I have never been ashamed to be black. I was never taught to fear people that looked like me or to hate my mirrored complexion. In times such as these, it is easier to shy from it to be able to blend in and make no waves.
I’m glad that I don’t live in that time and am not that person.
I am reminded of a story Buck O’Neil told about Jackie Robinson. There was a gas station the Kansas City Monarchs stopped at where Jack wanted to use the restroom while the team filled up. The white man that owned the gas station wouldn’t let Jack use restroom, so Jack told him to take the fuel pump out of the team bus’s tank.
The conclusion? Jack used restroom, and the team got gas. Hold on. I know the wheels are spinning, so let me help you.
It’s simple economics: supply and demand.
And now, black blood is a commodity to be sold and marketed. Supply the murder, demand justice, supply a settlement.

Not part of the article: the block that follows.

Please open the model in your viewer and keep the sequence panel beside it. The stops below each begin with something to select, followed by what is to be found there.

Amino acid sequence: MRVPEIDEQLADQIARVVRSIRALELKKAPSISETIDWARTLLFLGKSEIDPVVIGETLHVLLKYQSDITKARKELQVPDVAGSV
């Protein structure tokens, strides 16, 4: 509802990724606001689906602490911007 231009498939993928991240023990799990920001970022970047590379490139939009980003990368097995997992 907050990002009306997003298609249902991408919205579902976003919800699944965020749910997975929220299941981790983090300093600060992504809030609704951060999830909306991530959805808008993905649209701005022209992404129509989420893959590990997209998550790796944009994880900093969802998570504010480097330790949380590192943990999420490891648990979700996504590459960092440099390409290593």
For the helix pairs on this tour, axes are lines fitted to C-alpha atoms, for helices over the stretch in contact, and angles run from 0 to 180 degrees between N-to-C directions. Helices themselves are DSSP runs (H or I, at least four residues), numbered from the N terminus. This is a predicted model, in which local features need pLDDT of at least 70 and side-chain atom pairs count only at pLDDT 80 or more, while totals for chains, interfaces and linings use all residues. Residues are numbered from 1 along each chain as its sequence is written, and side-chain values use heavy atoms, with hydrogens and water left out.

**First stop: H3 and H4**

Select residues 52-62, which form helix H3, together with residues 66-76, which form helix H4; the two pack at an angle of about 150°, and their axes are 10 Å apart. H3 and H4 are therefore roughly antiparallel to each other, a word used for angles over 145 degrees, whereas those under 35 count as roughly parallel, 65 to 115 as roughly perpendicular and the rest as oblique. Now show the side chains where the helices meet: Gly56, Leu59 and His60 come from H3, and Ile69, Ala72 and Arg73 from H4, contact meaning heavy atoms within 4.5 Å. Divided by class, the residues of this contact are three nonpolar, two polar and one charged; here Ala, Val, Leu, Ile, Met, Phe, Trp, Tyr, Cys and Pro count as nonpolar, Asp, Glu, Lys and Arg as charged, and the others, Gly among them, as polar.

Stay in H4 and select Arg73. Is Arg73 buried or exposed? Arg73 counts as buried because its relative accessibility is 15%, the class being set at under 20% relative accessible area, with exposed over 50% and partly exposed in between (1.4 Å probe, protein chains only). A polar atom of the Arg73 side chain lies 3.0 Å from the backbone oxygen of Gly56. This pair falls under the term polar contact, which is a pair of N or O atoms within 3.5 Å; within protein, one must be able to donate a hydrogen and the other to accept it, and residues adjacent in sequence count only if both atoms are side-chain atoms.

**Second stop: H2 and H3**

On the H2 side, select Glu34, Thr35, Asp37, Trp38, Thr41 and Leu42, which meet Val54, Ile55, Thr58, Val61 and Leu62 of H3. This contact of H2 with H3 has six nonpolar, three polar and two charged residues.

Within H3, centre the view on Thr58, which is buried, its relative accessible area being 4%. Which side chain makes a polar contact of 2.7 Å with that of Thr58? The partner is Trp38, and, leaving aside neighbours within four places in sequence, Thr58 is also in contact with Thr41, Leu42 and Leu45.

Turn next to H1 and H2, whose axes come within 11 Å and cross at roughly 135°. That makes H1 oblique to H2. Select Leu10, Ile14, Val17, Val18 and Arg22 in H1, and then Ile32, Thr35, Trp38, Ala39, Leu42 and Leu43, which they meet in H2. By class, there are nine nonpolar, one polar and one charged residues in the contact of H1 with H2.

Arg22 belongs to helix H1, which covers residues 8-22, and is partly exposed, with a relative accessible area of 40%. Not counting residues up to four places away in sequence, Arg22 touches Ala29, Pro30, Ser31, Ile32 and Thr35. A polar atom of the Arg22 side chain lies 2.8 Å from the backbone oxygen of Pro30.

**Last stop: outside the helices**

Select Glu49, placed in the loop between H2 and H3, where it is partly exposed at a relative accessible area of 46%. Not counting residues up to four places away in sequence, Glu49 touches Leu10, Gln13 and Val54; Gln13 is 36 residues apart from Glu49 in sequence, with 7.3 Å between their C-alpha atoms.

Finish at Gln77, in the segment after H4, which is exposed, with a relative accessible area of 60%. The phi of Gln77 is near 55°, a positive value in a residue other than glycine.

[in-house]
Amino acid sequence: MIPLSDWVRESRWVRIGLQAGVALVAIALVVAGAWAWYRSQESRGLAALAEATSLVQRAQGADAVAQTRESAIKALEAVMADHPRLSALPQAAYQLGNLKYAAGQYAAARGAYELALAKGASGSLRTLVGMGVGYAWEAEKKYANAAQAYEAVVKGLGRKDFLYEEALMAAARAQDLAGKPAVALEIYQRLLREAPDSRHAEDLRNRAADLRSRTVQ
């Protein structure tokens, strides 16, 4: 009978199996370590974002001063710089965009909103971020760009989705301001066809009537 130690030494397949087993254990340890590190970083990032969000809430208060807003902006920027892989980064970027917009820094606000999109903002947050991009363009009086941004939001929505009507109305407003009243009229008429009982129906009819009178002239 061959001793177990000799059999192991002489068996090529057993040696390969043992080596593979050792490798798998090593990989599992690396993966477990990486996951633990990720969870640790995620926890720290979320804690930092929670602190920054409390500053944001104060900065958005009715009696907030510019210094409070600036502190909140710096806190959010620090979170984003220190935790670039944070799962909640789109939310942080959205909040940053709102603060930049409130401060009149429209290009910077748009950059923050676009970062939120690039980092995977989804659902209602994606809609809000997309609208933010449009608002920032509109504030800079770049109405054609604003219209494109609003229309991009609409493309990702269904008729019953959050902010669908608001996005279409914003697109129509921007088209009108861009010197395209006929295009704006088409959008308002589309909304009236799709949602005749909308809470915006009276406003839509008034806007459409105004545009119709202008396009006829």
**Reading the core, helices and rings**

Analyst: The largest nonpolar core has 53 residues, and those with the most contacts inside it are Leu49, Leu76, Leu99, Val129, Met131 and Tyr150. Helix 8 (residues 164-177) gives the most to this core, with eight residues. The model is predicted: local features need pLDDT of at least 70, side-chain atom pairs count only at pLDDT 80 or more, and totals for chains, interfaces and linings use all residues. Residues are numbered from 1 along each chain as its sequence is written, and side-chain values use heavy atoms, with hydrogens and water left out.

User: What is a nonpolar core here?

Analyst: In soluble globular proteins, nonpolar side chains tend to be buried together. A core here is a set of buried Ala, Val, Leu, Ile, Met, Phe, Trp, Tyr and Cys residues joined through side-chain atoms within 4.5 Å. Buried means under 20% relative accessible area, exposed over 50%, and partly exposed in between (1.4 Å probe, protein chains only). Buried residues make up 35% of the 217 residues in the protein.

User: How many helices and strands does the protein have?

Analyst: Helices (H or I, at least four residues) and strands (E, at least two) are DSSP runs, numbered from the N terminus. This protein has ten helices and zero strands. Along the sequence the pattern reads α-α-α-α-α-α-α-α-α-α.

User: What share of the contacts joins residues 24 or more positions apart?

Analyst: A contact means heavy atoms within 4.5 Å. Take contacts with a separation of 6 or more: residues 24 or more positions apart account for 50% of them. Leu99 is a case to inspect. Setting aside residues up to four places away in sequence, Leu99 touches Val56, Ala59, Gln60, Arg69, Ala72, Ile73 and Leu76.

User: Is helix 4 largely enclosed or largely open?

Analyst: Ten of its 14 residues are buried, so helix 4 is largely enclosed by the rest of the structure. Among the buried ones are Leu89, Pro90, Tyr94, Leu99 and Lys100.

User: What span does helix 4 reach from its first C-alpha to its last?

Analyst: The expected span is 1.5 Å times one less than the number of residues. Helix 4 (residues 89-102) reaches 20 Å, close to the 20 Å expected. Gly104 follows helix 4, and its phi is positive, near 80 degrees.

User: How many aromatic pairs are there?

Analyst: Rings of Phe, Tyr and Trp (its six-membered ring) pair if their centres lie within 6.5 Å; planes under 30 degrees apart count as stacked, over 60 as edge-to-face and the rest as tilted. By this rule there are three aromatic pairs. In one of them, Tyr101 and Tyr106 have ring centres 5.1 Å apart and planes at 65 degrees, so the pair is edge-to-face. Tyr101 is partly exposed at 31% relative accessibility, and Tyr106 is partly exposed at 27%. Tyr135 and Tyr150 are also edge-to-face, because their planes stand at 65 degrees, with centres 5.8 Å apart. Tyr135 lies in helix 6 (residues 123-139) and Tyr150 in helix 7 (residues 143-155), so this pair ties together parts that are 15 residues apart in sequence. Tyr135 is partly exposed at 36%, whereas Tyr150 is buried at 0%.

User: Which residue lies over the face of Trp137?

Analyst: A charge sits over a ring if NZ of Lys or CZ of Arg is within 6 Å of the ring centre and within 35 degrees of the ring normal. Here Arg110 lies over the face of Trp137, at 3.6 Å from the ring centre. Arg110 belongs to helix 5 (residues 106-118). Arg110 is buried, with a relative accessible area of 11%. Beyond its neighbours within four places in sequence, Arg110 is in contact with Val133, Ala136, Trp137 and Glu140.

My people are not chattel. We are not property. The lives of my people aren’t secret commerce nor our bodies red meat to appease and assuage white supremacy’s jackals whom wish to will us all away, paying blued foot soldiers to do their bidding.
The blood of husbands, wives, sons and daughters, and extended family is not a traded commodity. Law enforcement does not get God status for a job they applied for to harangue POC whose skin color was never a job choice nor a weapon.
They will stop killing us.
We understand the only way this unjust system will recognize our humanity, our rightful citizenry, and our full personhood is the removal of black dollars and complete resistance to white supremacy.
It is understood now that economic disparity is institutional and systematically stacked towards the financial immobility of POC. However, with those monies redistributed in our communities, the repairs within our own social/financial infrastructure can begin.
There is not enough money to buy or replace life or its delegated, selected promises that life will now leave undone. There is no settlement that can be given to settle a murder at the hand of those that protect and serve.
We haven’t forgotten.
We indeed, like Sunni Patterson, said, “We know this place.” We know it like the end of the horror movies we saw where the black kid doesn’t make it.
This time…we will.
“I believe that we will win.”
-Rep. Bruce Franks, Jr.
MO-(D), House Of Representatives